The graceful deciduous trees known as Chinese elms, or lacebark elms, have beautiful red and gray bark. When the tree is fully grown, they may reach heights of up to 50 feet.
Their foliage has a leathery texture and a pointed, single-tooth structure, and from August to November, it turns a variety of vivid hues. Zones four to nine are suitable for the growth of Chinese elm. Although the trees don’t get very tall, their broad canopy casts a lot of shade.
6. Rose of Sharon
Beautiful deciduous Rose of Sharon trees typically have many trunks, which may also be called Hibiscus Syriacus. They have dark green foliage and trumpet-shaped flowers in white, pink, red, and purple hues.
Although Rose of Sharon doesn’t have a particular preference for soil types, it will thrive best in wet, well-drained soil. In zones five to nine, full light is optimal for growing them. At full maturity, they only reach 12 feet and a width of 10 feet.
7. Bradford Pear
The bradford pear, or Callery pear trees, sometimes known as Pyrus calleryana, are breathtaking to view annually. They burst into bloom in the spring with an abundance of stunning white blooms, retaining their brilliant autumn color for a considerable time. They would be a fantastic addition to your driveway just based on looks. Deciduous Bradford pear trees can reach heights of 60 feet.
Birds frequently consume the tree’s small, infertile brown fruits and dark, glossy foliage. Usually, they will develop into a conical or domed shape. These trees prefer full light and do best in USDA Zones five through nine. They can withstand the majority of soil types as well as periods of drought or heavy rain.
The Bradford pear is considered an invasive species in several areas of the US. Be cautious to check with your local ordinances if you plan to line your driveway with various Bradford pear trees!
The serviceberry, or the Amelanchier Candensis, is a tree that may reach a height of 25 feet and a spread of 25 feet when fully grown, is regarded as a small deciduous tree and a huge shrub.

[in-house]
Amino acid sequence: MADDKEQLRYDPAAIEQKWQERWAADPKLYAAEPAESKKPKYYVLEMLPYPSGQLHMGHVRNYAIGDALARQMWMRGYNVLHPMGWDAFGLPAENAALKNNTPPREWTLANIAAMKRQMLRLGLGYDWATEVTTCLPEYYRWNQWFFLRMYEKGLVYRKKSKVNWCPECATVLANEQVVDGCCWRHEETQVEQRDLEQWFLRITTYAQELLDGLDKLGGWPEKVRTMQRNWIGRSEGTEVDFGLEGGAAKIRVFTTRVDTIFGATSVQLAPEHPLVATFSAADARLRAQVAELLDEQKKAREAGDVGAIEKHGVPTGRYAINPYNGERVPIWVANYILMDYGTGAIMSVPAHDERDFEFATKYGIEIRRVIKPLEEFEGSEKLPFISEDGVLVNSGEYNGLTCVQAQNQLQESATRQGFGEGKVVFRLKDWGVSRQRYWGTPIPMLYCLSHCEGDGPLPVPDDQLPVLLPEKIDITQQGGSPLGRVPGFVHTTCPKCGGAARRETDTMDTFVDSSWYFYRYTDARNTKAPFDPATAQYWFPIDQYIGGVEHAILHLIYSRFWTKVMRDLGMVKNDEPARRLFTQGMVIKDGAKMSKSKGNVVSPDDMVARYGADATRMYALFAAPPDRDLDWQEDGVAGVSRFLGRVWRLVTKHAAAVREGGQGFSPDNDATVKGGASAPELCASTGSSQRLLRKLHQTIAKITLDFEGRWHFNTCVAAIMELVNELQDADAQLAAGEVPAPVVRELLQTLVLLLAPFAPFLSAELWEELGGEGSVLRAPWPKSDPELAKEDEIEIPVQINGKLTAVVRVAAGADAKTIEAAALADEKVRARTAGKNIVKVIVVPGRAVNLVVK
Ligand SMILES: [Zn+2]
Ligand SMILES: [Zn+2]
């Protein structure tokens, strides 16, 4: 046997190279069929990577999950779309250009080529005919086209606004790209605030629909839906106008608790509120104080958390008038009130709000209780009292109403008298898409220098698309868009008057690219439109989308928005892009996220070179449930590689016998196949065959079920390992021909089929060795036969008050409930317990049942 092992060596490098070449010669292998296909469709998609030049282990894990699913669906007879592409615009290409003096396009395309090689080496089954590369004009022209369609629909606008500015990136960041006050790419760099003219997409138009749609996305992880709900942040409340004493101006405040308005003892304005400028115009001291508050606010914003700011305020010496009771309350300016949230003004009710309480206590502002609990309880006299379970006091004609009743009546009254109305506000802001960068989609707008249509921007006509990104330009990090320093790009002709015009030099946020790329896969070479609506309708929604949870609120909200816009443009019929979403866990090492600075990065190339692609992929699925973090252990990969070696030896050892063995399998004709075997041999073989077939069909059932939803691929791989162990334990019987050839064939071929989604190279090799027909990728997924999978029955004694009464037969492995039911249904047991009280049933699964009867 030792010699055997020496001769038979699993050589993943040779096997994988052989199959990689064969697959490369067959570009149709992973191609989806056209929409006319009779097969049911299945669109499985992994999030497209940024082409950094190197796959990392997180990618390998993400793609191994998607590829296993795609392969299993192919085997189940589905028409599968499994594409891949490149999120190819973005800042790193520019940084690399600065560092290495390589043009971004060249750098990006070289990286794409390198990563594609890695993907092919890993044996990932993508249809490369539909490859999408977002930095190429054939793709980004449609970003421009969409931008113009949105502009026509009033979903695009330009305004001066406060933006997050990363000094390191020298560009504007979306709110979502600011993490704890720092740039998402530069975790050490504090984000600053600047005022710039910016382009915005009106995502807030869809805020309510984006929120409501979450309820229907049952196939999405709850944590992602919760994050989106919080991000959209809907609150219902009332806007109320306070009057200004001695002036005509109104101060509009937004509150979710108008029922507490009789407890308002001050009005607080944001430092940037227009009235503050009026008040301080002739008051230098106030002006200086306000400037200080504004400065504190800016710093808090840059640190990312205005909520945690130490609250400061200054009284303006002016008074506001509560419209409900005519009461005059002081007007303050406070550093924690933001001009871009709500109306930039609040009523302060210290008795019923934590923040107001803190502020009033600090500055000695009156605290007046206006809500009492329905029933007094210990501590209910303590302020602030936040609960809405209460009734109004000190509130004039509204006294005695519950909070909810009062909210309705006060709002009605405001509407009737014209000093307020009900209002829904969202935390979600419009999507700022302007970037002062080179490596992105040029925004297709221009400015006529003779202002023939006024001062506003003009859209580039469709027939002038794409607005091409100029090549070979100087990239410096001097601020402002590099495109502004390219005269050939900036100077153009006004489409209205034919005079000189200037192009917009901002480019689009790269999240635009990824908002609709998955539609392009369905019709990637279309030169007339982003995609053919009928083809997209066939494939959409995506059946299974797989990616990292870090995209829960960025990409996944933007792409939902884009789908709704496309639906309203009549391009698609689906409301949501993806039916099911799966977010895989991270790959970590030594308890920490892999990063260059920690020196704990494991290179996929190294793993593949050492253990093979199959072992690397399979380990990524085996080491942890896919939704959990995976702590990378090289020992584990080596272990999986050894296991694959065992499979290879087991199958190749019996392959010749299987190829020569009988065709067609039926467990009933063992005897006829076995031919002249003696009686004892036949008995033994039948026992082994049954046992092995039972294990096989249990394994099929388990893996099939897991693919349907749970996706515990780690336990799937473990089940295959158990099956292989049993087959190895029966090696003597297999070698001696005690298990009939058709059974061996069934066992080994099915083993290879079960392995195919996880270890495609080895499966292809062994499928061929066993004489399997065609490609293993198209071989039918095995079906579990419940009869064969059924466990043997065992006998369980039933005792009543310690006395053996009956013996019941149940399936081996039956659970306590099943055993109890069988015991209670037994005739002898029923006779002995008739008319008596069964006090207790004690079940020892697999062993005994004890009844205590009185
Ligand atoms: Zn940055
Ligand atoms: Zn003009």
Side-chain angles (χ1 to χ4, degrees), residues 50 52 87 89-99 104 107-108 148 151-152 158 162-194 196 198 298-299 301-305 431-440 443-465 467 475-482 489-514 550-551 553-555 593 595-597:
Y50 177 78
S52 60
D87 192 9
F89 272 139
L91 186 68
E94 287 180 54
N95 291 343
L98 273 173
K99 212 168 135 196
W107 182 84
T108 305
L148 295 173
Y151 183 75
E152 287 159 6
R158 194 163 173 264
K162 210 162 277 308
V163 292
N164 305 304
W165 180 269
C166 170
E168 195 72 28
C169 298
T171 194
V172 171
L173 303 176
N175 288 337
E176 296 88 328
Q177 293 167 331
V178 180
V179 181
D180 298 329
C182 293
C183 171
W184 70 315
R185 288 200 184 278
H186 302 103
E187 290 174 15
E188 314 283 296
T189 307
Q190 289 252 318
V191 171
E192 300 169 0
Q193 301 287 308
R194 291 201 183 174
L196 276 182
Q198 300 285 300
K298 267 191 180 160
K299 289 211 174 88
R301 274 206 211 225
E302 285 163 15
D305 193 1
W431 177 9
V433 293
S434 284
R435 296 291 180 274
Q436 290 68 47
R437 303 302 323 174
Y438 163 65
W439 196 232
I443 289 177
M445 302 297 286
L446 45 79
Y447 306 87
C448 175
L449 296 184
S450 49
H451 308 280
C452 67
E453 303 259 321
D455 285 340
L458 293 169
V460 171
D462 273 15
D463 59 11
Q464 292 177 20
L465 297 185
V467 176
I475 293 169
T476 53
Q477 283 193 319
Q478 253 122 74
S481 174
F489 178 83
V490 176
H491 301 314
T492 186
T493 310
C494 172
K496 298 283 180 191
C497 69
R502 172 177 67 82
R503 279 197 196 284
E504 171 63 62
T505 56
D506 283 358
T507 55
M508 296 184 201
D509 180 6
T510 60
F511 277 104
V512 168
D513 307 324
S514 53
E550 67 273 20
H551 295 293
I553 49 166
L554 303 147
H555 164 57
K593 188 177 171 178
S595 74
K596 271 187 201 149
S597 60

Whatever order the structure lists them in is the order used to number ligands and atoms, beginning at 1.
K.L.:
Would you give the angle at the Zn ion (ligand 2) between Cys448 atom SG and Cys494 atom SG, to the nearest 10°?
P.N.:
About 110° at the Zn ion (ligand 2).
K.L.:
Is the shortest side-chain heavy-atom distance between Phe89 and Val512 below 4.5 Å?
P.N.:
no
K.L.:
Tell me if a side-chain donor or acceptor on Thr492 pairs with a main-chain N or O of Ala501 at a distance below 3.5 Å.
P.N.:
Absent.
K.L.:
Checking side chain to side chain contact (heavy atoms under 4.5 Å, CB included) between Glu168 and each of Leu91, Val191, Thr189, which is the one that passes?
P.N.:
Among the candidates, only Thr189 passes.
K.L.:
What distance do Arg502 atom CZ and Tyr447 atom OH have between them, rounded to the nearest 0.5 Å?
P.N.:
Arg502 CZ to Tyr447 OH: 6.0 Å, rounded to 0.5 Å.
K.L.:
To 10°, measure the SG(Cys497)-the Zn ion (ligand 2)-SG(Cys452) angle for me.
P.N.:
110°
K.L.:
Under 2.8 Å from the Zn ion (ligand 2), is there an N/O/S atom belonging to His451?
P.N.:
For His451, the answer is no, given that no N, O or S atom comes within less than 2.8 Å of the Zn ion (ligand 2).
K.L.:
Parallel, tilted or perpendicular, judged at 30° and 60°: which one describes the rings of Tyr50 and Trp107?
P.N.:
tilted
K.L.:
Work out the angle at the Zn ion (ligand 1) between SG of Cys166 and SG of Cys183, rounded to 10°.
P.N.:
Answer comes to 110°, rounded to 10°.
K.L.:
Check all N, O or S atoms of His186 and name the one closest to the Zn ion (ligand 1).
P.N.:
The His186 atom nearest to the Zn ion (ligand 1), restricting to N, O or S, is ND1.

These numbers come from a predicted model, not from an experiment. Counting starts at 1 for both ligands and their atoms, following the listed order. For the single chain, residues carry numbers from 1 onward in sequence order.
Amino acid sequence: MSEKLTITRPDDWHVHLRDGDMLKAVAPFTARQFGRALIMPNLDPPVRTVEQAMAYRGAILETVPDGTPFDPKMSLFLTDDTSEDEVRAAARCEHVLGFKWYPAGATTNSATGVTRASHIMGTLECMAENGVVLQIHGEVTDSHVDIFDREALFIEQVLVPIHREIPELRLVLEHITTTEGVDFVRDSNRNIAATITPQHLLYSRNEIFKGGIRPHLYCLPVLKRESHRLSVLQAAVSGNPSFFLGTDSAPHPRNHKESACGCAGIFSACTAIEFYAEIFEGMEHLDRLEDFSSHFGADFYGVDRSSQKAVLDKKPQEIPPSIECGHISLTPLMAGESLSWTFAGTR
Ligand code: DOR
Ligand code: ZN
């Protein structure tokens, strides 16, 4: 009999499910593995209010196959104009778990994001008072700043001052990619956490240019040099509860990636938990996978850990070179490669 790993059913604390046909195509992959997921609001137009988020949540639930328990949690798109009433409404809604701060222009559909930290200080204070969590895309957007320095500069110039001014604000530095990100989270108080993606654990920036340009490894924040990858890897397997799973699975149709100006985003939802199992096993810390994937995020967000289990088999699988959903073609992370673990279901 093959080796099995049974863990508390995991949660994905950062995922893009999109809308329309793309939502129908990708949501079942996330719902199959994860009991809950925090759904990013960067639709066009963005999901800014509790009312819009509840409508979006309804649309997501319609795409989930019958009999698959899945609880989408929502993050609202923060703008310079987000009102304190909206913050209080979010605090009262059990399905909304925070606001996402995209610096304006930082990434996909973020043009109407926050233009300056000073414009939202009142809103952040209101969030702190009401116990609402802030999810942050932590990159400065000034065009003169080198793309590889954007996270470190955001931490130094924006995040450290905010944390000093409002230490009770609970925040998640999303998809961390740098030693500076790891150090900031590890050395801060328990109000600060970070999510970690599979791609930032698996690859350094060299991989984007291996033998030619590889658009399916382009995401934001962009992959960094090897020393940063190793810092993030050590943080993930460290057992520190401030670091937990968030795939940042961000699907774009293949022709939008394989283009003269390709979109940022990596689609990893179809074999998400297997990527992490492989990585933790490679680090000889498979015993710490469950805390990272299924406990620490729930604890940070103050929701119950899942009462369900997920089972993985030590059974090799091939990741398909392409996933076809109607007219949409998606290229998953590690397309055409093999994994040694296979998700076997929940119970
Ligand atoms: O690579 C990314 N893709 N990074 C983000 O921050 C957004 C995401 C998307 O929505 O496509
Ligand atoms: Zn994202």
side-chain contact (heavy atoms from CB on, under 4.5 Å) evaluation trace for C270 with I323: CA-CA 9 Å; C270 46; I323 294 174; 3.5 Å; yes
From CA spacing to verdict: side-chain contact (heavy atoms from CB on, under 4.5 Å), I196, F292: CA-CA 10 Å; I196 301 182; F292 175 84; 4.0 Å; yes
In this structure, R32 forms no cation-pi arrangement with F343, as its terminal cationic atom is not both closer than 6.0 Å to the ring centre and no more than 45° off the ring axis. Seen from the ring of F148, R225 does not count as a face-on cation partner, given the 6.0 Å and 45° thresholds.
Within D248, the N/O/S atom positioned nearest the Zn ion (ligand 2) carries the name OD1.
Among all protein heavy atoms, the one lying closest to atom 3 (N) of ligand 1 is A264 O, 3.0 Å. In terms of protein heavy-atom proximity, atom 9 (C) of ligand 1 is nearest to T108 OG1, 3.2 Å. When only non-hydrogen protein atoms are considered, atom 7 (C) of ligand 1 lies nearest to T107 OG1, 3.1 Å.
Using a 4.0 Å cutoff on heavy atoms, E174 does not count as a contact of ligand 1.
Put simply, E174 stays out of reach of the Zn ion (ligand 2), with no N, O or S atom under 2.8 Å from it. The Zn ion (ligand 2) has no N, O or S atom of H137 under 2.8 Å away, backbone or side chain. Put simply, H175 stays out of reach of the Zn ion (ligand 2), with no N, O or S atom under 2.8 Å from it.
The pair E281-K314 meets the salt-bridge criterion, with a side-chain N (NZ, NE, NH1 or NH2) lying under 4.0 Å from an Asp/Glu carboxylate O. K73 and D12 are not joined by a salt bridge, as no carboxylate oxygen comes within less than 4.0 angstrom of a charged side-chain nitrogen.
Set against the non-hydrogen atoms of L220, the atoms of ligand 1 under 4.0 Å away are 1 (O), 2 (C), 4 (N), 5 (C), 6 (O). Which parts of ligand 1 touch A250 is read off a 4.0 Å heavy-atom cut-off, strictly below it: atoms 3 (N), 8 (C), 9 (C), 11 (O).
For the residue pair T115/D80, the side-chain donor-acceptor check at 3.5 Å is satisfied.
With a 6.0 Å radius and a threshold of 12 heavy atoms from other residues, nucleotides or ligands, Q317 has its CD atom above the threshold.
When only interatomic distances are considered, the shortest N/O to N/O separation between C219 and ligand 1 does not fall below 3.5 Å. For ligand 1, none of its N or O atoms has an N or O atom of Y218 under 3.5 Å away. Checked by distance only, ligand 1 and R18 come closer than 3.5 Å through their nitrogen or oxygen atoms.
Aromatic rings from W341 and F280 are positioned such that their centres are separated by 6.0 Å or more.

This tree bears clusters of tiny, exquisite white blooms in March and April. It explodes in a magnificent show of crimson and gold in the fall.
Another fruit that serviceberry trees produce is a reddish-black berry that ripens in late June. All types of birds love these berries.
A minimum of four hours of direct sunlight per day is preferred for serviceberry trees. On USDA Hardiness Zones four through eight, they thrive in wet, acidic, and well-drained soil.
9. Honey Locust
This enormous shade tree, also known as the thornless honey locust, has a gorgeous yellow-green canopy and would look lovely planted alongside a driveway.
The leaves of this tree are eight inches long, pinnately complex, and can have up to 14 leaflets. The Gleditsia triacanthos var. inermis also produce lovely, fragrant yellow-green flowers in the spring.
This tree is especially simple, tolerant, quick-growing, and enjoys full light. It thrives in wet and dry soil and is resilient to various environmental pressures, including pollution. This tree will flourish in your yard if you reside in USDA Zones three to nine.
10. Italian Cypress
Fast-growing evergreen Italian cypress trees would add a touch of formality and sophistication to any driveway, which can also be known as Cupressus Sempervirens. when it is left on its own, they can grow up to 50 feet tall and three feet broad, giving them a long, graceful silhouette.
It thrives in warm, sunny areas typical of USDA Zones 8 through 10. The trees thrive in small, confined areas.
11. Leyland Cypress